Sen. Ray Lesniak is proposing something lawmakers in Trenton rarely do — overhauling a state board whose members are entirely politically appointed.
“First of all, it’s a dumping ground for political patronage,” Lesniak said.
The New Jersey Parole Board — responsible for prisoner reentry — is made up of 12 members. Each is appointed by the governor and subject to senatorial review. Lesniak says this is where backroom deals are made, and this is one way to end it.
“My proposal will save millions of dollars. Tens of millions of dollars if we replace these political appointees with retired judges,” he said. “Instead of giving them $120,000 a year — what they get now — retired judges get $300 a day and they already have their pension and health care benefits.”
Using retired judges — and the $300 a day salary they get when called to serve as arbitrators — would save the state about $1.2 million a year. That doesn’t include the costs for pension and health benefits.
“I first started with just blocking Jack Kelly, totally the poster child of what happens with these types of appointments. Has absolutely no qualifications for the job. It would be his third public job. He’d be a triple dipper,” Lesniak said.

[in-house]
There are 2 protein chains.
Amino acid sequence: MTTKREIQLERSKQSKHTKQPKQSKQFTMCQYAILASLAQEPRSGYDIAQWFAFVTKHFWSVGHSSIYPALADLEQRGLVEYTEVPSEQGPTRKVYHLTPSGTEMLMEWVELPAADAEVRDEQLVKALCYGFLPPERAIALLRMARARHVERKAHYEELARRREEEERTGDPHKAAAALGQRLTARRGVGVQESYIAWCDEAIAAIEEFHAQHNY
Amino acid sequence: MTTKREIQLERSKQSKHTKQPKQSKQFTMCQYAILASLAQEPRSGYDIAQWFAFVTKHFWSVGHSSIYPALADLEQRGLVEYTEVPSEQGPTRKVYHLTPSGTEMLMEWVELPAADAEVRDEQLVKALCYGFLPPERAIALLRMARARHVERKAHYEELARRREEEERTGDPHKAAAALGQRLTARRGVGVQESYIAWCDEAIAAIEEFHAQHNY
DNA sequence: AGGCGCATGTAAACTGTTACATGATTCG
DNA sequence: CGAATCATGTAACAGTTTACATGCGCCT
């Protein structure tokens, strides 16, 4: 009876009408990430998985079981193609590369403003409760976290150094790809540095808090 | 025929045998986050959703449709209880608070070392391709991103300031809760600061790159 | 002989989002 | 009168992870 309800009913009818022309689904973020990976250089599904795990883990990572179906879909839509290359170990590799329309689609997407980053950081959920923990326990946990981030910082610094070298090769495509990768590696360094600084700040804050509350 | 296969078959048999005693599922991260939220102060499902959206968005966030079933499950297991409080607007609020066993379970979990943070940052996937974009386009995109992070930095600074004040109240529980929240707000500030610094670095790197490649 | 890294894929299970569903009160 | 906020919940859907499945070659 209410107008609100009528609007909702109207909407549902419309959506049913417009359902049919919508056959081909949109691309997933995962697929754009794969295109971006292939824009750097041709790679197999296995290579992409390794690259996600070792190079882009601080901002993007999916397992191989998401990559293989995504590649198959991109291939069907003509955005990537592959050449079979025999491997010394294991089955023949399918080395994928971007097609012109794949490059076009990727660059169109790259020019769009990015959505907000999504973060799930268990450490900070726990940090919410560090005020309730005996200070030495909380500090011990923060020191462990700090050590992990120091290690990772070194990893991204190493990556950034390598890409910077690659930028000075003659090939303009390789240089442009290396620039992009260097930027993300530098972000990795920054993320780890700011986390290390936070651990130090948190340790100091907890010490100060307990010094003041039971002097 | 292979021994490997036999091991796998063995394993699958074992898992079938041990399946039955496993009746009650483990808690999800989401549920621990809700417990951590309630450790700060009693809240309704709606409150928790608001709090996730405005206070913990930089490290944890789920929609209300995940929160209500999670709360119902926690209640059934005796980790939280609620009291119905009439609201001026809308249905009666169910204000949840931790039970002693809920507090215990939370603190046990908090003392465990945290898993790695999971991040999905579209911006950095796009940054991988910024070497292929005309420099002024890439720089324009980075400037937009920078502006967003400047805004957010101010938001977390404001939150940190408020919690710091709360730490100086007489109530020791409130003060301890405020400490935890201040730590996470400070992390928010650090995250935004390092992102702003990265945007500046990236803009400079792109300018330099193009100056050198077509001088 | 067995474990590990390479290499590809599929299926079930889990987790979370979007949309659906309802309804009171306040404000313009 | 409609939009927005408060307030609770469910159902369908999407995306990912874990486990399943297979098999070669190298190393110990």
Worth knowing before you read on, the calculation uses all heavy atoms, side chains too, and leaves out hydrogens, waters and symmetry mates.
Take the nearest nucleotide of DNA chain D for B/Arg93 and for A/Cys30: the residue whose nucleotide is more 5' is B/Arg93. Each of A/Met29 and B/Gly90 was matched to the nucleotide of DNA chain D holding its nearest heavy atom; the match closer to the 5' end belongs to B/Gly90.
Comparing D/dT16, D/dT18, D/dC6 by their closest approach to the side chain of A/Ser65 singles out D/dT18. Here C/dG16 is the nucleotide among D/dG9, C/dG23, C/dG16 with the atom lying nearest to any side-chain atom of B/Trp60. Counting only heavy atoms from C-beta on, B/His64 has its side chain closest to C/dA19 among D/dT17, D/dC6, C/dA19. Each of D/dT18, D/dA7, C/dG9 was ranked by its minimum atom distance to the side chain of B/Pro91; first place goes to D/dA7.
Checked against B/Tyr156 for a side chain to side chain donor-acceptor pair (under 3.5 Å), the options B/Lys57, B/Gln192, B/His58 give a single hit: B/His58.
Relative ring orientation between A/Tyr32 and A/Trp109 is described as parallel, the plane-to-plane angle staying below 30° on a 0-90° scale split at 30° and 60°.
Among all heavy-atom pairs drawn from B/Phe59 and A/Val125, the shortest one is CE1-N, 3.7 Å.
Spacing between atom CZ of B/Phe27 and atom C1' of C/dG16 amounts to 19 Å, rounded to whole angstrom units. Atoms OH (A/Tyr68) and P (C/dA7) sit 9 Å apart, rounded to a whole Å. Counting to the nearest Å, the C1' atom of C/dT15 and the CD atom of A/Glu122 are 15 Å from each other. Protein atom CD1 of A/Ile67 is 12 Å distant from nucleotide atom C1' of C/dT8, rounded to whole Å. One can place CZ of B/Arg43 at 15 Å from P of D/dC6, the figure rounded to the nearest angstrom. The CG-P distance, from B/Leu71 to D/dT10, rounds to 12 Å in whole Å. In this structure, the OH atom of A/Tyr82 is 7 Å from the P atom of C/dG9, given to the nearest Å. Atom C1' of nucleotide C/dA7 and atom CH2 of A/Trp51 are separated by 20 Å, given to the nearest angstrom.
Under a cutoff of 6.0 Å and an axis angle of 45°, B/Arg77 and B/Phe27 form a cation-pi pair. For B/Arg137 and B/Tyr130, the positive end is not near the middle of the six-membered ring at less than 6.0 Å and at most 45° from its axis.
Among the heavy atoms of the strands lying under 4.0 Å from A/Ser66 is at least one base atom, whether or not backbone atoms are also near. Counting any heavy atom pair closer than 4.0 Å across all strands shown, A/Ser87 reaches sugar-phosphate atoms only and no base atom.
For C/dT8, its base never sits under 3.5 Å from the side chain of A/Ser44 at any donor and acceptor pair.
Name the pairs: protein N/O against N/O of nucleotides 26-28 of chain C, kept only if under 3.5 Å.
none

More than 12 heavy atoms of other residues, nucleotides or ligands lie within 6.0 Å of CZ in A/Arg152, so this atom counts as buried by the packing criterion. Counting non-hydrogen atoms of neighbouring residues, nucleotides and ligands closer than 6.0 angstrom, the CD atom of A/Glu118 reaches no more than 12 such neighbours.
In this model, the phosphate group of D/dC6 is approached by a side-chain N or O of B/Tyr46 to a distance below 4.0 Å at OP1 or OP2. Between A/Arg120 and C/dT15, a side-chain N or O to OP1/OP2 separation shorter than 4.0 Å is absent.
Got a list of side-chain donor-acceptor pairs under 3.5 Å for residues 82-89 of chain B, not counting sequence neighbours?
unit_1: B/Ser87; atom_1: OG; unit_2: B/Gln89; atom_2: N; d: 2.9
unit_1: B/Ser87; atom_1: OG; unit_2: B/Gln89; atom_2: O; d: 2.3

Kelly is the Ocean County freeholder who’s twice failed nomination to the Parole Board by Gov. Chris Christie outraged Democrats. Kelly is most notably known for his role in denying a dying police lieutenant the ability to give her county pension to her same-sex partner.
“I do not believe that filling the board with retired judges would necessarily be the appropriate place, the appropriate way to have this board function. Do I think we can tighten up requirements, background for membership on the board? Absolutely,” said Sen. Loretta Weinberg.
Weinberg backed Lesniak’s push to block Kelly. But she doesn’t believe a group of lawyers — retired judges — is the answer.
“I wouldn’t want to see unanimity in terms of having those people decide who really is worthy of redemption,” she said.
“No one wants to do away, except me, with this system because these are political appointees, these are your buddies. The are the people that supported you in campaigns,” Lesniak said.
In today’s Senate Judiciary Committee hearing, Sen. Lesniak voted “no” to each of the nine nominees.
Are there gubernatorial political calculations here? We know Senate President Steve Sweeney, another candidate, has three members from his district up for nomination. Are there campaign politics at play with this move?
“First of all I’ve been campaigning against the Parole Board for years. I’ve been trying to reduce their authority by actually making prisoners earn their parole as opposed to having this Parole Board decide their fate in life,” Lesniak said.
It’s unlikely Sen. Lesniak will get support for this measure from either side of the aisle. But as he puts it, it won’t stop him from reaching.